Looking at the rival bid, there are a number of Liberal Party connections, and a greater diversity of interstate operators, from WA to Queensland, as well as NSW and Victoria. Accenture is bringing its IT consulting expertise to the party, and Australia Post it’s broad network for distribution…
Home Affairs Secretary Mike Pezzullo, whose department is becoming a major player in the government outsourcing frenzy, and now widely seen as the most powerful public servant in Canberra, has given his personal backing to the project…
Writing for The Mandarin, former Immigration deputy secretary Abul Rizvi gave his opinion on what could go wrong as Australia privatises visa processing.
“Privatisation of core government functions such as visa processing is high-risk, especially when undertaken under the cloak of commercial-in-confidence secrecy. Major ICT transformation projects conducted “in partnership” with a big IT company are also high risk.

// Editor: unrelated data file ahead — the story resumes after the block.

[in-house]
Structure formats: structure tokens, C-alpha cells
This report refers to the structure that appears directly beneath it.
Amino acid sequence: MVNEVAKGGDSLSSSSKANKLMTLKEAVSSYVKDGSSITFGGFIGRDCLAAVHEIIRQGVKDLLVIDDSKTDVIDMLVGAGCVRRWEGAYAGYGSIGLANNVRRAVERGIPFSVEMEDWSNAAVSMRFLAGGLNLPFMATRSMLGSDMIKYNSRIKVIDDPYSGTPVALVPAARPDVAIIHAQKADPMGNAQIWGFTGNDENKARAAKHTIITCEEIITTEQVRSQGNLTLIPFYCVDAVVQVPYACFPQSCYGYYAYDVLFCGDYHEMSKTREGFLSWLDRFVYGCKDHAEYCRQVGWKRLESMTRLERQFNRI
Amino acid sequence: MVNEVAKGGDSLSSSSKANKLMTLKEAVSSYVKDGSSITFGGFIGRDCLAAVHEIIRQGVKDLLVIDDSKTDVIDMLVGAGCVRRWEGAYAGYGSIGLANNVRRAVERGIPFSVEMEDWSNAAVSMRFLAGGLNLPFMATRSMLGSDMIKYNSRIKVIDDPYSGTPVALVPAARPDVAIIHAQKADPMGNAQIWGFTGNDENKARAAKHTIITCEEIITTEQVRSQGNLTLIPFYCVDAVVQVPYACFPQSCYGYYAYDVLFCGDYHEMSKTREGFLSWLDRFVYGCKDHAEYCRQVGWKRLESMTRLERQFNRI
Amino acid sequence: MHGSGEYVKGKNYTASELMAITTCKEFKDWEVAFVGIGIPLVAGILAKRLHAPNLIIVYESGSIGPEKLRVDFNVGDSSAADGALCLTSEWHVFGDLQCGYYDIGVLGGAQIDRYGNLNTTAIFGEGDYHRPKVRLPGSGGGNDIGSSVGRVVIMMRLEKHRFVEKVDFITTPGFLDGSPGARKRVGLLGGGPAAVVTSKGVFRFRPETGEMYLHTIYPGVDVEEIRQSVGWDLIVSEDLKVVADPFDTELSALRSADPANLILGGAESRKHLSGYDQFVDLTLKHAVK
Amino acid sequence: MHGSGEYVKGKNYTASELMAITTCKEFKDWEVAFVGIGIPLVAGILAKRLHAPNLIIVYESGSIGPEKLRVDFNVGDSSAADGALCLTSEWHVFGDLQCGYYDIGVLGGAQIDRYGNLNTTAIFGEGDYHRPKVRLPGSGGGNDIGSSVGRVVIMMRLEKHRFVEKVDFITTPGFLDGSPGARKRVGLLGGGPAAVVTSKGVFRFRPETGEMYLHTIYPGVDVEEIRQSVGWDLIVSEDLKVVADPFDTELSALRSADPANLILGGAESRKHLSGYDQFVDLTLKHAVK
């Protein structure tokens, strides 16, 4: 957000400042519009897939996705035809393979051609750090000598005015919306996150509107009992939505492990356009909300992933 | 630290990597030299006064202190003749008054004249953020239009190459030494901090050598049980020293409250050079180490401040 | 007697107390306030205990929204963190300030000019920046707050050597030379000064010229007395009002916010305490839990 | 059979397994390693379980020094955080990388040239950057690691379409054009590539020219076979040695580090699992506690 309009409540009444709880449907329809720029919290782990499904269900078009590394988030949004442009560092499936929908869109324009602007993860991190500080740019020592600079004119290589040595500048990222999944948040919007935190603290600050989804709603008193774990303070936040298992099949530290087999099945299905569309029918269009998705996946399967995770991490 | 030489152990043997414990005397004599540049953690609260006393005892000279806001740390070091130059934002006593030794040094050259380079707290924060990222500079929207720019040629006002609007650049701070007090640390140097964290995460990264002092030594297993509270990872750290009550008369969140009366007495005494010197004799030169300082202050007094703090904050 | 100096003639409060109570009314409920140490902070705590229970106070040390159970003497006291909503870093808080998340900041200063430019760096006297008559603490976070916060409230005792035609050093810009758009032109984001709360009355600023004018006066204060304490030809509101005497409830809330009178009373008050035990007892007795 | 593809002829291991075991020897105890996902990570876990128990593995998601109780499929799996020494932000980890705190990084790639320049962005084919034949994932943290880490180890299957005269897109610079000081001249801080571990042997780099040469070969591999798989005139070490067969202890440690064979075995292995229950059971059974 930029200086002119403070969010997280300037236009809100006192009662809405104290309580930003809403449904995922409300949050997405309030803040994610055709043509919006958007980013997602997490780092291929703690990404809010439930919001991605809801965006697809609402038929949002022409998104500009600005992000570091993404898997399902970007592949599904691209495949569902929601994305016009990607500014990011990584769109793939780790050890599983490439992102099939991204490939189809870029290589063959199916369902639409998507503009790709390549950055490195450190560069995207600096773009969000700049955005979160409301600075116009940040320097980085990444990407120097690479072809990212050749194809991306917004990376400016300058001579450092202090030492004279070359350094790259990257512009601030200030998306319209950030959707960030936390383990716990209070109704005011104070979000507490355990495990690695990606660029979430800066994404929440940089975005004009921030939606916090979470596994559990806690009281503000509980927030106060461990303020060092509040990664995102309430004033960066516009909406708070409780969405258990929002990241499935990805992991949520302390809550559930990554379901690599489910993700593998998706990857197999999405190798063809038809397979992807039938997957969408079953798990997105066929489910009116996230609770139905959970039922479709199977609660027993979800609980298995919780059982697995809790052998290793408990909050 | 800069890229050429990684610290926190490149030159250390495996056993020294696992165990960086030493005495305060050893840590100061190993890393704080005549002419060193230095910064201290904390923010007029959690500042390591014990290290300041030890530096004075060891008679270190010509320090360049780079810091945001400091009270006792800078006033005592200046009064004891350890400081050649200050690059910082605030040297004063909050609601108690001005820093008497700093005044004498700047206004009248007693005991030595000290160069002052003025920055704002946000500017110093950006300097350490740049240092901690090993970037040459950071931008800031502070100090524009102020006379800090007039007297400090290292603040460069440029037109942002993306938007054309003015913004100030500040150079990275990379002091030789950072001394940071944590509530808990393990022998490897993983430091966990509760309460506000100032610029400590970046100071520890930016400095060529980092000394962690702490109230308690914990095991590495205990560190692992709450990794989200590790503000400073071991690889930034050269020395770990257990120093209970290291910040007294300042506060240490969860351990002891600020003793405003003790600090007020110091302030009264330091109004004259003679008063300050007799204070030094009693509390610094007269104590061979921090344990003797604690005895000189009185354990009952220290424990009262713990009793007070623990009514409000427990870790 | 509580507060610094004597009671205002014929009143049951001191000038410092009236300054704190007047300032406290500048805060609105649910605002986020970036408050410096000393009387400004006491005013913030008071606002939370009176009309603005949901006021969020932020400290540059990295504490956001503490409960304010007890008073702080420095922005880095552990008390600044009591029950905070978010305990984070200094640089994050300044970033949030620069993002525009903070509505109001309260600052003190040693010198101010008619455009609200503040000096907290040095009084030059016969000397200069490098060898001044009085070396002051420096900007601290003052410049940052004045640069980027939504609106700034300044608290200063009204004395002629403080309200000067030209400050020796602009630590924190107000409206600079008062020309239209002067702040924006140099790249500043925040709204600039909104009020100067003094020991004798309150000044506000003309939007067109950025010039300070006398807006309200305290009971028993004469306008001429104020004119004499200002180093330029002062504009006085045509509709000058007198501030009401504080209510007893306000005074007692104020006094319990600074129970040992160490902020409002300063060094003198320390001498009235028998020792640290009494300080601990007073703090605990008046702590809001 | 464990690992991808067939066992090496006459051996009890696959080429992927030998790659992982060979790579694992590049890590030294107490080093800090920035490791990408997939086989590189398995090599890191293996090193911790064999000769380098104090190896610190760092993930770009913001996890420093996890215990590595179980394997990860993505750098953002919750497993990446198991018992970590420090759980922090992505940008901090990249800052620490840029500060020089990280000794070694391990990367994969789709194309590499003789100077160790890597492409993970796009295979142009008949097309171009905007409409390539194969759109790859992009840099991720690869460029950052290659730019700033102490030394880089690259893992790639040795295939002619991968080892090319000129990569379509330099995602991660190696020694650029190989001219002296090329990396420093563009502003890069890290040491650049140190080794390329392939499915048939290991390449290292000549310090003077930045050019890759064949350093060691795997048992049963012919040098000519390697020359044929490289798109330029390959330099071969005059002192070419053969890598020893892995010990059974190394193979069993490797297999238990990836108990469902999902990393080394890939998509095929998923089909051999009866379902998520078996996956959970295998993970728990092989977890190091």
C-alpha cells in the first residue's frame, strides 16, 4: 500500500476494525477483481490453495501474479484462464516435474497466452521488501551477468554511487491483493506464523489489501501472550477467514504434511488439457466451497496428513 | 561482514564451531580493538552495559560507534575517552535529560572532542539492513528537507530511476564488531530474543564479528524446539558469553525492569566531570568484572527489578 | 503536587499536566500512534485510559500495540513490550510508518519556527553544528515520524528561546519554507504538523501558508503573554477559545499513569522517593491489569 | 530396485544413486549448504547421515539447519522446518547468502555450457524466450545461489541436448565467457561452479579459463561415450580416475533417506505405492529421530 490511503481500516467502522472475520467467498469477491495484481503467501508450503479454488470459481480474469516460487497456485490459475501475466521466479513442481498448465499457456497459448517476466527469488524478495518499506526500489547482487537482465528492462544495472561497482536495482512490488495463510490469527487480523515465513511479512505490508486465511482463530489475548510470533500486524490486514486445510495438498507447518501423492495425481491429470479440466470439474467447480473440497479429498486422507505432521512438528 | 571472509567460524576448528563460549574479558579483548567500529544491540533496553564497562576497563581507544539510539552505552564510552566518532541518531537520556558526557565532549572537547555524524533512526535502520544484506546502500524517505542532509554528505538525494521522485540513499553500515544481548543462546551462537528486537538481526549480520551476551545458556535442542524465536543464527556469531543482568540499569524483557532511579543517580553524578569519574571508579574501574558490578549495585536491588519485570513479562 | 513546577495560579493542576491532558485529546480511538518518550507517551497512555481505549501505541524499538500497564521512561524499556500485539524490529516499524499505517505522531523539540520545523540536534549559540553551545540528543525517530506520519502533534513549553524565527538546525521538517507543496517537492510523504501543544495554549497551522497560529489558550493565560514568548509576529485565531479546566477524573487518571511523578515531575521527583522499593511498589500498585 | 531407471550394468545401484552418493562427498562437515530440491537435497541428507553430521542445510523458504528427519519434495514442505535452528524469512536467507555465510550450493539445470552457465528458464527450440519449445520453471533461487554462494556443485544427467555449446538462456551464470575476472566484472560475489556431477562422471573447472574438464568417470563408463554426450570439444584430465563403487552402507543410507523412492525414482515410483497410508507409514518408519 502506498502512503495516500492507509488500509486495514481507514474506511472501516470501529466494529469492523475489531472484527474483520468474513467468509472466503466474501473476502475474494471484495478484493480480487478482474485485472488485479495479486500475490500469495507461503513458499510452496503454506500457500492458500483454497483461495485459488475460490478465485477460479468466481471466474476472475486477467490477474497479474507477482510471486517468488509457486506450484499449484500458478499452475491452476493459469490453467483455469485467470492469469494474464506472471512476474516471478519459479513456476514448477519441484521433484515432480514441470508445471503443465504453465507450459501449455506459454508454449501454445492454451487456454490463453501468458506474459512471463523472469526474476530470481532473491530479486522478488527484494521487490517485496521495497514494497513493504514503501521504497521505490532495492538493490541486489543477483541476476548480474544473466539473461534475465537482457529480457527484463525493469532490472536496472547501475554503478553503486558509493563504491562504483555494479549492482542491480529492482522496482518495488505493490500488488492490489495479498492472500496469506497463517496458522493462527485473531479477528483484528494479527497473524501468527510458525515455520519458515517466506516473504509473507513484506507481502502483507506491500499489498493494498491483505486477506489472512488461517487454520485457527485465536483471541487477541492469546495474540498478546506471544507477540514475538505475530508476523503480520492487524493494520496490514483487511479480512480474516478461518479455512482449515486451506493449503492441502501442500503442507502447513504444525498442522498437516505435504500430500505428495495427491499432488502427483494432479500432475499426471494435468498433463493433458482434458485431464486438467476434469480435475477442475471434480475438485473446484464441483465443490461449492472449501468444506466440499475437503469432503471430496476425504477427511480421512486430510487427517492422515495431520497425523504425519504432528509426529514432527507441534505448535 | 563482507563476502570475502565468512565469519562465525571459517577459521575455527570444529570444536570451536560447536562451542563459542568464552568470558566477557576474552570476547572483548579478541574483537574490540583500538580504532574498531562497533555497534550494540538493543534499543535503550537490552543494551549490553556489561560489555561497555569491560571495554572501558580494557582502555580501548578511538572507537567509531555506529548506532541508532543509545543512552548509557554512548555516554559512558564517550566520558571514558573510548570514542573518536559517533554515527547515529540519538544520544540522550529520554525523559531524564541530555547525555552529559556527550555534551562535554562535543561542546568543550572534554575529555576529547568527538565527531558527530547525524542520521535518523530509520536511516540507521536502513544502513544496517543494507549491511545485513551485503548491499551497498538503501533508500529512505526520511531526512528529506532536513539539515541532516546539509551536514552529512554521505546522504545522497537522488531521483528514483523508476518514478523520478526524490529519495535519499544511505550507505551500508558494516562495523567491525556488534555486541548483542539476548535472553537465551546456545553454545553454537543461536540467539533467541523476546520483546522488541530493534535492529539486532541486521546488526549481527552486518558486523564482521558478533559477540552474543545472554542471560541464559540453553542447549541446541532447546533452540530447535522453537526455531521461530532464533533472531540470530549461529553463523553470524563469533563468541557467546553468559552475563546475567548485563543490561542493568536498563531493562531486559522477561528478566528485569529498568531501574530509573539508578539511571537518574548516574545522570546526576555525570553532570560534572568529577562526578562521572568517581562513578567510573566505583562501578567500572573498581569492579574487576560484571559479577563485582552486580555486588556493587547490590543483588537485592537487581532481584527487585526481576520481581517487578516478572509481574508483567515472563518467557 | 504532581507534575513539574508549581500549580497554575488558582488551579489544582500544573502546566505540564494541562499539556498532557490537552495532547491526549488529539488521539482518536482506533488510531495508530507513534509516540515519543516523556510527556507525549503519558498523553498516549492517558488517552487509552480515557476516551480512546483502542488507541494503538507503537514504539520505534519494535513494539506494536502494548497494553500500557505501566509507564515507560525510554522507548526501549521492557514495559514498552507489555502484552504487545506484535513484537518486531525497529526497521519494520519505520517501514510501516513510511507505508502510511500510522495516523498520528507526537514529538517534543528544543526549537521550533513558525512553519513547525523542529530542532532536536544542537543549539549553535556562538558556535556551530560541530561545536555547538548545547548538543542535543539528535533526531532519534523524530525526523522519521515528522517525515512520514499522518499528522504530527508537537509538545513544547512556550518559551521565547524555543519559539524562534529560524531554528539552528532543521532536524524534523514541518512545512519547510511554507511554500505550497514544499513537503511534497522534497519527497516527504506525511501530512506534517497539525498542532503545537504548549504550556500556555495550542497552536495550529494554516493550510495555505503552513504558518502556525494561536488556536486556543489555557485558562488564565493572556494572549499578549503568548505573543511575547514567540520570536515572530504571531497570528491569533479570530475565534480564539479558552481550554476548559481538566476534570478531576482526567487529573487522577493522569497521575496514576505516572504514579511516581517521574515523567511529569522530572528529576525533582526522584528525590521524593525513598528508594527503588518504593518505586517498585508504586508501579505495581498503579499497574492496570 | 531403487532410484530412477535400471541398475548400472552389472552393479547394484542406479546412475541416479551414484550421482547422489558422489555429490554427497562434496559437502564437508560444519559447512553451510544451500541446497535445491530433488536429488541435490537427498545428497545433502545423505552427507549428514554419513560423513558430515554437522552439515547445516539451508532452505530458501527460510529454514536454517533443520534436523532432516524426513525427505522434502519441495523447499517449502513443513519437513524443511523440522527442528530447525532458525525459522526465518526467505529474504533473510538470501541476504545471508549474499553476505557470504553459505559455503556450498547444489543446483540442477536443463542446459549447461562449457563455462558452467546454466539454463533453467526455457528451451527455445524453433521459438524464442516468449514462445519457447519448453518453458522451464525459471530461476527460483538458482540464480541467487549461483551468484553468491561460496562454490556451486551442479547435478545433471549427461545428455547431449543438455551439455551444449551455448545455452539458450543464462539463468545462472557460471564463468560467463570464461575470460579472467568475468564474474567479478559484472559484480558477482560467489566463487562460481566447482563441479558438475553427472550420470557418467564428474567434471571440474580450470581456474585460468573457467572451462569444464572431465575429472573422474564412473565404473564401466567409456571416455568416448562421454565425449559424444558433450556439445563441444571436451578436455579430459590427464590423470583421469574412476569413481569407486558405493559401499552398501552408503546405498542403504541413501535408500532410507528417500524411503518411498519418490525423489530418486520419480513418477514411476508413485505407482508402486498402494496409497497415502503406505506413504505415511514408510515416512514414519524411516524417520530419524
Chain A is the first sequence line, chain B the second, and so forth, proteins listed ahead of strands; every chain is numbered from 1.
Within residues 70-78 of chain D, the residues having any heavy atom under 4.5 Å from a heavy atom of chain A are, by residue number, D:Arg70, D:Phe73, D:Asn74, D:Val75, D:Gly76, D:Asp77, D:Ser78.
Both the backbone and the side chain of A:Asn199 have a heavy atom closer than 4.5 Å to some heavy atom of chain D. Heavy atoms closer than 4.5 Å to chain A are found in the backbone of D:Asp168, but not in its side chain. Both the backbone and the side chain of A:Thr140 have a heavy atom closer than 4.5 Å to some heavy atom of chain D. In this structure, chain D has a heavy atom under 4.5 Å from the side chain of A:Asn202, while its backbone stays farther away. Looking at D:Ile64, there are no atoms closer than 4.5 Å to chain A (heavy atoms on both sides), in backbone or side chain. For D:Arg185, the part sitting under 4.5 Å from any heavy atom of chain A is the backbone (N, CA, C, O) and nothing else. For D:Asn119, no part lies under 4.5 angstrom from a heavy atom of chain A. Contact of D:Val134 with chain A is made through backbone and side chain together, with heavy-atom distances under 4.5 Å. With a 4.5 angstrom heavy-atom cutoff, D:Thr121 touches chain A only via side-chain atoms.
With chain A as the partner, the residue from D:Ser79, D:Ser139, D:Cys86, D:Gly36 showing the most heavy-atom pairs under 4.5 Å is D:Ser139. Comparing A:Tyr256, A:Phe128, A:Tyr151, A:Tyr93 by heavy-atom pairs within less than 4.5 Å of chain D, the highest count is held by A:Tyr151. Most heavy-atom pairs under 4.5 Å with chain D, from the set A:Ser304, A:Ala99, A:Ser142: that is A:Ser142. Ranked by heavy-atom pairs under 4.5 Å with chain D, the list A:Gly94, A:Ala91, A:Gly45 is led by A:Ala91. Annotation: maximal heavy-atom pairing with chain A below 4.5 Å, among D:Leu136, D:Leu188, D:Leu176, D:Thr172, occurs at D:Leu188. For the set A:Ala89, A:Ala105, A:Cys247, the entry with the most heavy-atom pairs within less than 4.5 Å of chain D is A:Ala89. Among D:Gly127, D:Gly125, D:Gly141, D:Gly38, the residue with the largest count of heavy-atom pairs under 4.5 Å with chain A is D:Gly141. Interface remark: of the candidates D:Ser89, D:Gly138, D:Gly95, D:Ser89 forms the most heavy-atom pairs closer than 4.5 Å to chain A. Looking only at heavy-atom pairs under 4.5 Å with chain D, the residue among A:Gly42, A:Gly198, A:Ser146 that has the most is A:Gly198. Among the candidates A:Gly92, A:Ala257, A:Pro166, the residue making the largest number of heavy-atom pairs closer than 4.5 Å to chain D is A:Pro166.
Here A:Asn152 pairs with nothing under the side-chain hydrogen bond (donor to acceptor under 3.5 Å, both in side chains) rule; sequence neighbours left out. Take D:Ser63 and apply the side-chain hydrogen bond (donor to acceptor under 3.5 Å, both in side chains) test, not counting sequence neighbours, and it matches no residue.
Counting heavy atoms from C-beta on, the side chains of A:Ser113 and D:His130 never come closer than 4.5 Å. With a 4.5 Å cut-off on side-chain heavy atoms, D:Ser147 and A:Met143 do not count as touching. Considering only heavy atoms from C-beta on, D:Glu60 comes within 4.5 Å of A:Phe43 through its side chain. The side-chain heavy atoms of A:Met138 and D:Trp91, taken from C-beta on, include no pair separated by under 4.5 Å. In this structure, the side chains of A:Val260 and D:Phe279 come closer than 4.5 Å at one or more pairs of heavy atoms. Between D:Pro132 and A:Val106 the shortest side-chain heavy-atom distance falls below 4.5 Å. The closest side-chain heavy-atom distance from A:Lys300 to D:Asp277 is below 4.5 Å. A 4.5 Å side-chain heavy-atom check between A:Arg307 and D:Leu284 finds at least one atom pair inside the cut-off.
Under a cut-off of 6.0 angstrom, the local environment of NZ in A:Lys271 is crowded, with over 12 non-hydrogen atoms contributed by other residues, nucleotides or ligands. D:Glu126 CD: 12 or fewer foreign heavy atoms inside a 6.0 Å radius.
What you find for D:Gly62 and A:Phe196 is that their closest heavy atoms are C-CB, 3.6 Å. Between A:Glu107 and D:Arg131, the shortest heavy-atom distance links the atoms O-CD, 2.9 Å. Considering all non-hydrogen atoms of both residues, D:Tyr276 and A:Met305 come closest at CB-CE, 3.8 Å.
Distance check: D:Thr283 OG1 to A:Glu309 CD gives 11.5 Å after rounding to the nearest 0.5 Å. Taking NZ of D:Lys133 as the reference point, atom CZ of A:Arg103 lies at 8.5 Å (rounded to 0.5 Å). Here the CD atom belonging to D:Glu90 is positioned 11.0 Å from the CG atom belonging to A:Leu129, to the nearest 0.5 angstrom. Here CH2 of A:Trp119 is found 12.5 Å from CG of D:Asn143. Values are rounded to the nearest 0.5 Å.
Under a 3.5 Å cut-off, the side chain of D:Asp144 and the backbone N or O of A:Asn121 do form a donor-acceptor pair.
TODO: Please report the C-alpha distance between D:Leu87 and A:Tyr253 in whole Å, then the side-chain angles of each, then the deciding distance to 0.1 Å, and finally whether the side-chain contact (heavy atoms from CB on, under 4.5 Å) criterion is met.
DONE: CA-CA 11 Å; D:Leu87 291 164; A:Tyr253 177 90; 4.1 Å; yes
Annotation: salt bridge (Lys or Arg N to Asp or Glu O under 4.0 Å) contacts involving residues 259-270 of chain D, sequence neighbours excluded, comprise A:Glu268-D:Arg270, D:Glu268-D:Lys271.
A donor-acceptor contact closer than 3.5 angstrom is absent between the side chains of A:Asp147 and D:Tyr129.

“Doing the two together multiplies the risk big time, but that’s exactly what the Department of Home Affairs is doing,” he wrote.
Still, the outsourcing is well underway, with Boston Consulting Group – a firm where, ironically, Opposition Home Affairs spokesperson Kristina Keneally’s husband is a partner – is acting as an adviser to the Home Affairs Department.
Another Big Four accounting firm, KPMG, is acting as commercial adviser to the Department to ensure the process is conducted at arm’s length. KPMG is also Accenture’s auditor with its accounts signed off by partner Tracey Driver.
All in all, this privatisation program is an all-in consultants-fest of epic proportions. There appears to be no international precedent overseas for a successful outcome, visibility and accountability of the key players are low, and all the risks – and they are enormous – rest with the taxpayers who have no say in the process.
Paradoxically, some of the main players – those who will reap the rewards – are either big facilitators or practitioners of global tax avoidance; PwC the former and Accenture and News Corp/Foxtel the latter. Flip side of this corporate welfare coin is that PwC and Accenture are among the biggest political party donors (both Liberal and Labor) in the country besides the largest recipients of taxpayer funded consultancy revenue.